Even with these improvements, Marija still understands there are limits to what can currently be achieved in Sarajevo. She was one of several people interviewed to say that holding hands with someone of the same gender in the street, for example, will probably result in physical violence from other civilians. “We are not going to host Pride Parades here—we know where we live,” she said. “Change is going to come from us collaborating with the state. But I don’t see that happening for a long time.”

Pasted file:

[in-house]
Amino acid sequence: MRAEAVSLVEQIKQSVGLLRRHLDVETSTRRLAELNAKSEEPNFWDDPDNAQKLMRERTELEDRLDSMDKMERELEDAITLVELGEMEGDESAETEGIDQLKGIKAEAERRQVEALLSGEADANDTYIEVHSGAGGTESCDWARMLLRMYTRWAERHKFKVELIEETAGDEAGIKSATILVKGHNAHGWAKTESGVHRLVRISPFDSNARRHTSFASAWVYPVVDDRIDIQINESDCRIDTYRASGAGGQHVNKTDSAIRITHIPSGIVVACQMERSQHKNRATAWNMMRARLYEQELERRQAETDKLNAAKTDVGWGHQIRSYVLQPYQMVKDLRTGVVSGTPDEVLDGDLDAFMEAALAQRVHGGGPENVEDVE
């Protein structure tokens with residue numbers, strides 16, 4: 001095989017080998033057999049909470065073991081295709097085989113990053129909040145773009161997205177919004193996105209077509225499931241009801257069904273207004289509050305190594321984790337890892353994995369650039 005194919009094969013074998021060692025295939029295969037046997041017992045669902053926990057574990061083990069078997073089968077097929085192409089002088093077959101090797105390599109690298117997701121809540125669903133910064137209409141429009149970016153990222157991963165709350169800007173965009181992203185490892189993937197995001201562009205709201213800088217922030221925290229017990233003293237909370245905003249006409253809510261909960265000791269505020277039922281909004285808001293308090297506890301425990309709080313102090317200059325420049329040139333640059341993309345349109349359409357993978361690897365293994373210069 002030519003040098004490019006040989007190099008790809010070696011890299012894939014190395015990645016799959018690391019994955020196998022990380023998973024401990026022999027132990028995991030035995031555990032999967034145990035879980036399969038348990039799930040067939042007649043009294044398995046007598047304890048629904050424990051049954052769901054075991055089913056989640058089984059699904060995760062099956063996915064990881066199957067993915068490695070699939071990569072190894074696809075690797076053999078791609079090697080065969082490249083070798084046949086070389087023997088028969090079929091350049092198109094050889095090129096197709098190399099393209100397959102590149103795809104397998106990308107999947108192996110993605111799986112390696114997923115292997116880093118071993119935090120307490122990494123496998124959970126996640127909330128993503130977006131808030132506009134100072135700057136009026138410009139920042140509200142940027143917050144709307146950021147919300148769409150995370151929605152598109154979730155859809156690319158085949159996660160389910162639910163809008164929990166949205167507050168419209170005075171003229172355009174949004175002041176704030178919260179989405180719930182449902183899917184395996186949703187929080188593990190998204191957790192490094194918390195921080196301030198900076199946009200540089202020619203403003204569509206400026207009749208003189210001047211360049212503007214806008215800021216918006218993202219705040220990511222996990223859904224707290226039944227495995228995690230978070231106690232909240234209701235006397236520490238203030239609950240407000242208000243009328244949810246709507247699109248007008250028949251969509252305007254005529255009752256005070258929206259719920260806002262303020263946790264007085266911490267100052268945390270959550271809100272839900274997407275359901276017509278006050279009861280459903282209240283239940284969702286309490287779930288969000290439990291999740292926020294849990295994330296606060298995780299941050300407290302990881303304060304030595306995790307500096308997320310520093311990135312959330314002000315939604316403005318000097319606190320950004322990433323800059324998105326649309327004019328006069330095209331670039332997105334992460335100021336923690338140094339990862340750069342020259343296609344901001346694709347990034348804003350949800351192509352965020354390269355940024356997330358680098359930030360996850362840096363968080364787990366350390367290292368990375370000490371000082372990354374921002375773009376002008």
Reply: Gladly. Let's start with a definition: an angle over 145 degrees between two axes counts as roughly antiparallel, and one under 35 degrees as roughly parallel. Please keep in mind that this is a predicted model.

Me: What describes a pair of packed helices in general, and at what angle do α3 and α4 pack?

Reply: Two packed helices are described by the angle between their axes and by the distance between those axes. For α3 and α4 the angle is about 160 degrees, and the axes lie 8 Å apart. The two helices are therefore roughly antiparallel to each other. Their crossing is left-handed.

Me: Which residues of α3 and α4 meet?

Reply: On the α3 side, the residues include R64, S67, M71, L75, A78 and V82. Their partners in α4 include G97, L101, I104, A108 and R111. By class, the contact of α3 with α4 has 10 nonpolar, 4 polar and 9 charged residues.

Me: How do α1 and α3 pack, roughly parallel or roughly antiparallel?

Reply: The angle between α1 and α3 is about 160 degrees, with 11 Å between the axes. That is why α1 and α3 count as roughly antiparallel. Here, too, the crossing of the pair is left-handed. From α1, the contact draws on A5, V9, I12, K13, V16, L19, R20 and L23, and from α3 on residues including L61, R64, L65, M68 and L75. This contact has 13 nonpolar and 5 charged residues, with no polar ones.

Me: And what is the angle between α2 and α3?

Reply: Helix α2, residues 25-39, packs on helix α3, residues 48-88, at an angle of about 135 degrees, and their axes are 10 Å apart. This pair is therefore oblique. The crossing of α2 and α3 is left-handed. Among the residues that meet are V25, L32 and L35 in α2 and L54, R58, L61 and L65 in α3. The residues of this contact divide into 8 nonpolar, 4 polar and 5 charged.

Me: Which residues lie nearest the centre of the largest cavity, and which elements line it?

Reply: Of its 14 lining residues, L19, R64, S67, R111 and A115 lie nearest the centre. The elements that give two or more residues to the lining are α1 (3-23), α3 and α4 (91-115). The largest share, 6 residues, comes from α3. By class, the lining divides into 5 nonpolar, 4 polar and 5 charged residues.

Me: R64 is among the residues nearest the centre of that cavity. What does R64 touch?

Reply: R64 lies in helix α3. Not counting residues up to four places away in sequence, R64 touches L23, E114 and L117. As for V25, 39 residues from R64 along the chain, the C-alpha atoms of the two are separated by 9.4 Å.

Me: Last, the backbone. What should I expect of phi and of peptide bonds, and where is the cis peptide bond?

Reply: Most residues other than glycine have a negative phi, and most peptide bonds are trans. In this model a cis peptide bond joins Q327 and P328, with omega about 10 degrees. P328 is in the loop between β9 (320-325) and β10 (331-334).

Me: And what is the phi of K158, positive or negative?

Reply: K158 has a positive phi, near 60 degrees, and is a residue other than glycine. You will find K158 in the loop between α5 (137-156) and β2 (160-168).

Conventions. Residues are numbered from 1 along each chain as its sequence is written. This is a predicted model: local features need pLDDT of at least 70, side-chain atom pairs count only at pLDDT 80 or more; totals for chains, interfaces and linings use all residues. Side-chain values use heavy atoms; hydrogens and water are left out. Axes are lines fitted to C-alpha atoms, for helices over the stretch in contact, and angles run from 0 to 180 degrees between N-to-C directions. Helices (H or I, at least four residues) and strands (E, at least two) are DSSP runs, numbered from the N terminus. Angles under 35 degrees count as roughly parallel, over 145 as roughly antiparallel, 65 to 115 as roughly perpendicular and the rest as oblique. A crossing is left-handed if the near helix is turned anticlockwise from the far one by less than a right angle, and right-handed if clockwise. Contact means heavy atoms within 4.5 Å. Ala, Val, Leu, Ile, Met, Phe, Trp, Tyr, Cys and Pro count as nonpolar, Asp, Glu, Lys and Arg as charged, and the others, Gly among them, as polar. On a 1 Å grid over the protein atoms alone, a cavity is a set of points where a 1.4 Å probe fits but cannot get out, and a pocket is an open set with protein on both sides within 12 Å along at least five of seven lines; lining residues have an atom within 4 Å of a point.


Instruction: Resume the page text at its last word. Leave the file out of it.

In Belgrade, collaboration with the Serbian state is made more difficult by the fact that LGBT groups can barely cooperate with each other. Predrag detailed a “huge crisis” in the Serbian LGBT NGO sector, with previously generous donors cutting budgets because of a lack of visible results and organizations beginning to work for “donors, not for the population.” The search for new sources of funding has given rise to messy internal politics and backstabbing among the LGBT activist community—what Ivana Randelovic, Programme Officer for Civil Rights Defenders in Serbia, called a “fight of egos” between those leading organizations. Three years ago, a lesbian organization was funded to produce an annual report on LGBT rights in the region, despite the fact Gay Straight Alliance (GSA) was known to be producing one. The report was delivered to libraries one week early with the goal of harming the GSA.